Stage 2 Water Restrictions Back in Effect
By Bettina Meier
Starting today, the city of Austin is implementing stage 2 water restrictions. That means you can only water your garden or lawn once a week with an automatic sprinkler system. But this time, some changes to the ordinance might help people save what’s in their garden.
John Slider was kneeling over a patch of brown grass in his front yard in Tarrytown. He had just watered his St. Augustine grass, but it wasn’t enough to save it. Now with stage 2 water restrictions in place, he was getting more worried:
“If you look at the front half of my yard it’s all dead,” Slider said. “That’s actually the part of the St. Augustine that’s burned, that’s in the sun. Anything in the full sun is pretty much going to burn up. You pretty much have to say goodbye to things and let it go.”
St. Augustine has to be purchased as sod. And the squares cost about $4 apiece. That quickly adds up for an entire lawn. And it’s a lot of work too, because you have to stack up the soil, lay it down and water it a lot to get it to grow.
“Otherwise it just goes fffp,” Slider said.
The Austin Water Utility automatically implements stage 2 water restrictions whenever the combined levels of lake; Travis and Buchanan drop below 900,000 acre-feet. The restrictions limit water use for automatic irrigation systems and hose-end sprinklers.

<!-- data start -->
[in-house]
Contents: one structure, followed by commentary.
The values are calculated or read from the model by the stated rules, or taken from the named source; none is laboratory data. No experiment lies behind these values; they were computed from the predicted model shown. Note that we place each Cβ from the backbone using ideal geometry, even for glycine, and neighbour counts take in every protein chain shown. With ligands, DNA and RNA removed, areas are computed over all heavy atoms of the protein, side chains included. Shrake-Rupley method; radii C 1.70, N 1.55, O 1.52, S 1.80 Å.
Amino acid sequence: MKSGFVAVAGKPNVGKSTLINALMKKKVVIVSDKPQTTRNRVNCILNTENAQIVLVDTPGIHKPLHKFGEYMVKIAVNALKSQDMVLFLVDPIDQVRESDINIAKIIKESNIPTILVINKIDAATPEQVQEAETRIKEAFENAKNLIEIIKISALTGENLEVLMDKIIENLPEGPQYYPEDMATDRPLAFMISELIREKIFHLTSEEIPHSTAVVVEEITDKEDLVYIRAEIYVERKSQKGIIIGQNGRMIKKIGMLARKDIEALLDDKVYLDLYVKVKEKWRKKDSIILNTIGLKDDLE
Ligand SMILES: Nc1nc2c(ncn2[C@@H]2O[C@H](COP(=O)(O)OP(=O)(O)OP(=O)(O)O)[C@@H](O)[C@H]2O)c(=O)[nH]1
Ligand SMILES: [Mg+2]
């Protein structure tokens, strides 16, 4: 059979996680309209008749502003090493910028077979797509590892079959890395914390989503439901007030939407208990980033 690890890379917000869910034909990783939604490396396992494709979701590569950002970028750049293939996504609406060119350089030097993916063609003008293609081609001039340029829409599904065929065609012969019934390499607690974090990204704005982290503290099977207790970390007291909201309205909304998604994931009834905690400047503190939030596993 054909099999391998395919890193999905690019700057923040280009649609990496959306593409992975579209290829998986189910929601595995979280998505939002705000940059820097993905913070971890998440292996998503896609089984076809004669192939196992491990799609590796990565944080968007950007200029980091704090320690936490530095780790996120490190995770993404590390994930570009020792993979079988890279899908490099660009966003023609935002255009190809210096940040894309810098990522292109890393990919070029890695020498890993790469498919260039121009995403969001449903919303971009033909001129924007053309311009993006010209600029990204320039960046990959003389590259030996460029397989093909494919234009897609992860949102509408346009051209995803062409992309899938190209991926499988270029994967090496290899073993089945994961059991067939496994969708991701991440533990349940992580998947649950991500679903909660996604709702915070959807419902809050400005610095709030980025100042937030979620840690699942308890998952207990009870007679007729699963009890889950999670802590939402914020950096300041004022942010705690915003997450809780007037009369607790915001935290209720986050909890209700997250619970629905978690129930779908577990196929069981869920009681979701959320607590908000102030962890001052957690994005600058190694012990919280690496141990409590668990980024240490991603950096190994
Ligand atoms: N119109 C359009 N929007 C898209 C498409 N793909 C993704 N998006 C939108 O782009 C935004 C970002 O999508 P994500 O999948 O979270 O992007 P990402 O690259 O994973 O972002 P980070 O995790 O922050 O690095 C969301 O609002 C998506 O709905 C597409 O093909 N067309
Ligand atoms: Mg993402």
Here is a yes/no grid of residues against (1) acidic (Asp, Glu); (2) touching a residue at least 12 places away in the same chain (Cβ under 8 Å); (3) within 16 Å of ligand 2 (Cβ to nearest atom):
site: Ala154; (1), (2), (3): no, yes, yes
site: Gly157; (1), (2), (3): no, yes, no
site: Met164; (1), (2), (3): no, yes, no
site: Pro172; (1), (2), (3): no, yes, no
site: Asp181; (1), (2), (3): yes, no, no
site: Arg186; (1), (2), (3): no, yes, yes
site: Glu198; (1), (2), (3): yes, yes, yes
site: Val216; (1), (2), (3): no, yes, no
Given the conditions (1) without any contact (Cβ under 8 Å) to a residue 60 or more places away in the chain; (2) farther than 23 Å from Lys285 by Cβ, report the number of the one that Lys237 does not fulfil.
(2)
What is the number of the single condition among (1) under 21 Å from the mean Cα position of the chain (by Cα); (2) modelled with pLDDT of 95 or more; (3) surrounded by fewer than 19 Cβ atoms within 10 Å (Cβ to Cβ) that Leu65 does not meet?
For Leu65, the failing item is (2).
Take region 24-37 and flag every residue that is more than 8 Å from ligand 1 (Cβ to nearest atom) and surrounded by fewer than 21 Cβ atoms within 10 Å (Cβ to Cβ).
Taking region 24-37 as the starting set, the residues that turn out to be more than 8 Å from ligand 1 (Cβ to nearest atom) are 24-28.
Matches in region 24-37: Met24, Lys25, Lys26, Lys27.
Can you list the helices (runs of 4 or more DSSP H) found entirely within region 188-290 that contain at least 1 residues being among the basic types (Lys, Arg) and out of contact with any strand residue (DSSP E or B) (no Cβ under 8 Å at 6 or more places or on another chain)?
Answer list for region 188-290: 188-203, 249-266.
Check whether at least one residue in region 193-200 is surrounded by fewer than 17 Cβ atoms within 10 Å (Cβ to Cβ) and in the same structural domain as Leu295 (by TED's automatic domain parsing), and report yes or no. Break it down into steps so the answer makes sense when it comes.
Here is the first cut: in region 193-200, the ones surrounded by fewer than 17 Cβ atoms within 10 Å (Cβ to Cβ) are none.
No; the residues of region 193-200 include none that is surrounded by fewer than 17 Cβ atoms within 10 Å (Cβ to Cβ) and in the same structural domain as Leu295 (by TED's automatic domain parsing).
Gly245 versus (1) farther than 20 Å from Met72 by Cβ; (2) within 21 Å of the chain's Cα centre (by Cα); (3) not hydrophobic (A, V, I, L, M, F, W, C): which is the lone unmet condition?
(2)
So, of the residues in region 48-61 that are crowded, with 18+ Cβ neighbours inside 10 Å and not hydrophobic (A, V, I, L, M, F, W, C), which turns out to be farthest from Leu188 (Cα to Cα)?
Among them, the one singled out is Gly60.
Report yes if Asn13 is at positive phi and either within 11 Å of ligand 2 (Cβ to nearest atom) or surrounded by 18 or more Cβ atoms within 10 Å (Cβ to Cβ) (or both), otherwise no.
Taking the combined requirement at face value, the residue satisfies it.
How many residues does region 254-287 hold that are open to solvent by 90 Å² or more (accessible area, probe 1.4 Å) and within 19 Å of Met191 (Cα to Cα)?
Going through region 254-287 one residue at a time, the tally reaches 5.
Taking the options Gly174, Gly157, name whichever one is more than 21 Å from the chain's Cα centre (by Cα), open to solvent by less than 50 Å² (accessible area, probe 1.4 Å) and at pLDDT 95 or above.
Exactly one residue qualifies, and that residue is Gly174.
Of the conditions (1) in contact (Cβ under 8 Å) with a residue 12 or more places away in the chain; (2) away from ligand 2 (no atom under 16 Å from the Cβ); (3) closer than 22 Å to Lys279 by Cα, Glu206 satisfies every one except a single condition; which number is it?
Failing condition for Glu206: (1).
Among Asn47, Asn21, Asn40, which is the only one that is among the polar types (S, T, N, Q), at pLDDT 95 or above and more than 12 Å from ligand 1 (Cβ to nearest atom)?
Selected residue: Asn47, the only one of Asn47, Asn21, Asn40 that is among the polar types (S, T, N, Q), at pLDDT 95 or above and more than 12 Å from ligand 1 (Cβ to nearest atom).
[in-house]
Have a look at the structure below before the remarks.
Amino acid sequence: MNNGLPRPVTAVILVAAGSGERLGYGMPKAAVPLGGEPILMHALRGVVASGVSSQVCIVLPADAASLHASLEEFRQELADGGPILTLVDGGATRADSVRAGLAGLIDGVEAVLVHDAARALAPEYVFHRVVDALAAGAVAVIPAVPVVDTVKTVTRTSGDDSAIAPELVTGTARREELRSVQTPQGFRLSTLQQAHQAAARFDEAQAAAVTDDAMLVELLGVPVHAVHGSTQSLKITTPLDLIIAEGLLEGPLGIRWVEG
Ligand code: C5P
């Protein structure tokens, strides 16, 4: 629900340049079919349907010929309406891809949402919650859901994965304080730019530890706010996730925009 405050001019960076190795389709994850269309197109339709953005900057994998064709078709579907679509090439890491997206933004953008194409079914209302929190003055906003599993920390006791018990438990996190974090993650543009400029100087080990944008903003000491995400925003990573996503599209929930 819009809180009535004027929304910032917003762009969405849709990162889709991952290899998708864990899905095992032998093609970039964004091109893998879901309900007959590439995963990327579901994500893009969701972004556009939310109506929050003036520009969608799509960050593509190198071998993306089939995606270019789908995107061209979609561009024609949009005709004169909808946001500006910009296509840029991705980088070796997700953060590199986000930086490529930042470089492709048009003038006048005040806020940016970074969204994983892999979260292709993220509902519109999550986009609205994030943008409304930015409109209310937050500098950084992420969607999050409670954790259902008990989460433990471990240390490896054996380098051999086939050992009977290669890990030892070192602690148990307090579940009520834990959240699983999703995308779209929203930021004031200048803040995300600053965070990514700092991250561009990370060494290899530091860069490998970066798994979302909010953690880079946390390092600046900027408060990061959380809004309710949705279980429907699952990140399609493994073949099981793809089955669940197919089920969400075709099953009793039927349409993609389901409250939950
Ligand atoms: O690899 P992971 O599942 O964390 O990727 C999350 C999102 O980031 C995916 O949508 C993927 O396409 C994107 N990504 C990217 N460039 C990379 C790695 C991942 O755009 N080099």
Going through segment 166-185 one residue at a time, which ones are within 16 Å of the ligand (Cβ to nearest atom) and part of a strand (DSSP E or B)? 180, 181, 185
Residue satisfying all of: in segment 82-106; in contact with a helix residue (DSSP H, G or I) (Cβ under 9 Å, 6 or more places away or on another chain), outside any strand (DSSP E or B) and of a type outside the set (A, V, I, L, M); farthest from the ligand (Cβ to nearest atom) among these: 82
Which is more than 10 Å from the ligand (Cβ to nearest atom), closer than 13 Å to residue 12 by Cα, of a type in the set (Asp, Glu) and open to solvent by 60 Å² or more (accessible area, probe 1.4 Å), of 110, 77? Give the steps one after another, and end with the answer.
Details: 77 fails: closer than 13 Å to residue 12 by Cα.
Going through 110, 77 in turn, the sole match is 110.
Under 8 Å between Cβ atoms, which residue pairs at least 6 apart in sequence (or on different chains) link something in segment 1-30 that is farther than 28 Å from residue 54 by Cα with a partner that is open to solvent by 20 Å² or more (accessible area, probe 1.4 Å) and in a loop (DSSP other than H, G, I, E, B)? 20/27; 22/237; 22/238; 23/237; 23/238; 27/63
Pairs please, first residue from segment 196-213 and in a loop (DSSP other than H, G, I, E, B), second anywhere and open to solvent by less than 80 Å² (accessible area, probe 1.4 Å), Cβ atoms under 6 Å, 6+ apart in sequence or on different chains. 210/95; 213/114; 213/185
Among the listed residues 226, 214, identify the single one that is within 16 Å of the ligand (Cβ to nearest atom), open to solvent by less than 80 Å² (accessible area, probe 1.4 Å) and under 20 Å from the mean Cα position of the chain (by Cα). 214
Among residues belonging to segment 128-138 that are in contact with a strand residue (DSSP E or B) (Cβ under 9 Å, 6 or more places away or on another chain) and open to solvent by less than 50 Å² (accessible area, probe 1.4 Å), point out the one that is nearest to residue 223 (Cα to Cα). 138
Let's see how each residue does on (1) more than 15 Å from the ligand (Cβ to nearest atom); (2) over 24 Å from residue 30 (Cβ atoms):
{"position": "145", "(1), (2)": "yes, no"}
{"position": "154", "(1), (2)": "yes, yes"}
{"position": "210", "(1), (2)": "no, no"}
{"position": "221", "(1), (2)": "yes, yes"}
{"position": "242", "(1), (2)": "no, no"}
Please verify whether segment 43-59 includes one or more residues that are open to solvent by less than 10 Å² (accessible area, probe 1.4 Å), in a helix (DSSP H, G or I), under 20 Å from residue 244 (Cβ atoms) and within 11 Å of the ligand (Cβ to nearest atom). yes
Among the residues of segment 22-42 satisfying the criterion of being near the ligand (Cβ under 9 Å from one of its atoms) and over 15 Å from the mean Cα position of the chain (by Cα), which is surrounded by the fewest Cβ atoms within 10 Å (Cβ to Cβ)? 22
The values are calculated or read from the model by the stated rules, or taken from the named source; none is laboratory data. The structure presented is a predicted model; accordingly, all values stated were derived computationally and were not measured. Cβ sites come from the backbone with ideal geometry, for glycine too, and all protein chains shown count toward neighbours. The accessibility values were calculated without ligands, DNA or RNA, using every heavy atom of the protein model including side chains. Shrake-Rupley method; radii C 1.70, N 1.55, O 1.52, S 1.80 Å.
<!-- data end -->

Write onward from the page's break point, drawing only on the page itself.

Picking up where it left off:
But to help people save trees, plants and vegetables, there are a few exceptions this time.
“We have given them some extended hours, so it’s more reasonable for them to water their outdoor landscapes,” said Jason Hill, Austin Water Utility spokesman. “Those who use opening sprinklers can water from midnight to 10 a.m. on their specific days.”
Another change is that drip irrigation is exempt, and soaker hoses may be used under the drip line of the tree canopy. You can also use automatic tree bubblers. There is also one day a week when public schools can water their lawns.
The goal is to prevent large numbers of plants from dying off, which is what happened the last time stage 2 restrictions were in place.
“It spreads out our water use and demand over the week,” Hill said. “So we don’t have peaks and valleys of high demand and low demand, which wreaks havoc on our water distribution system.”
The water utility says people can report violators of the ban by calling 311.
John Slider does not grow vegetables, but says he will comply with the ordinance. To save his St. Augustine grass he says he will use more hand watering now, although it will take him longer.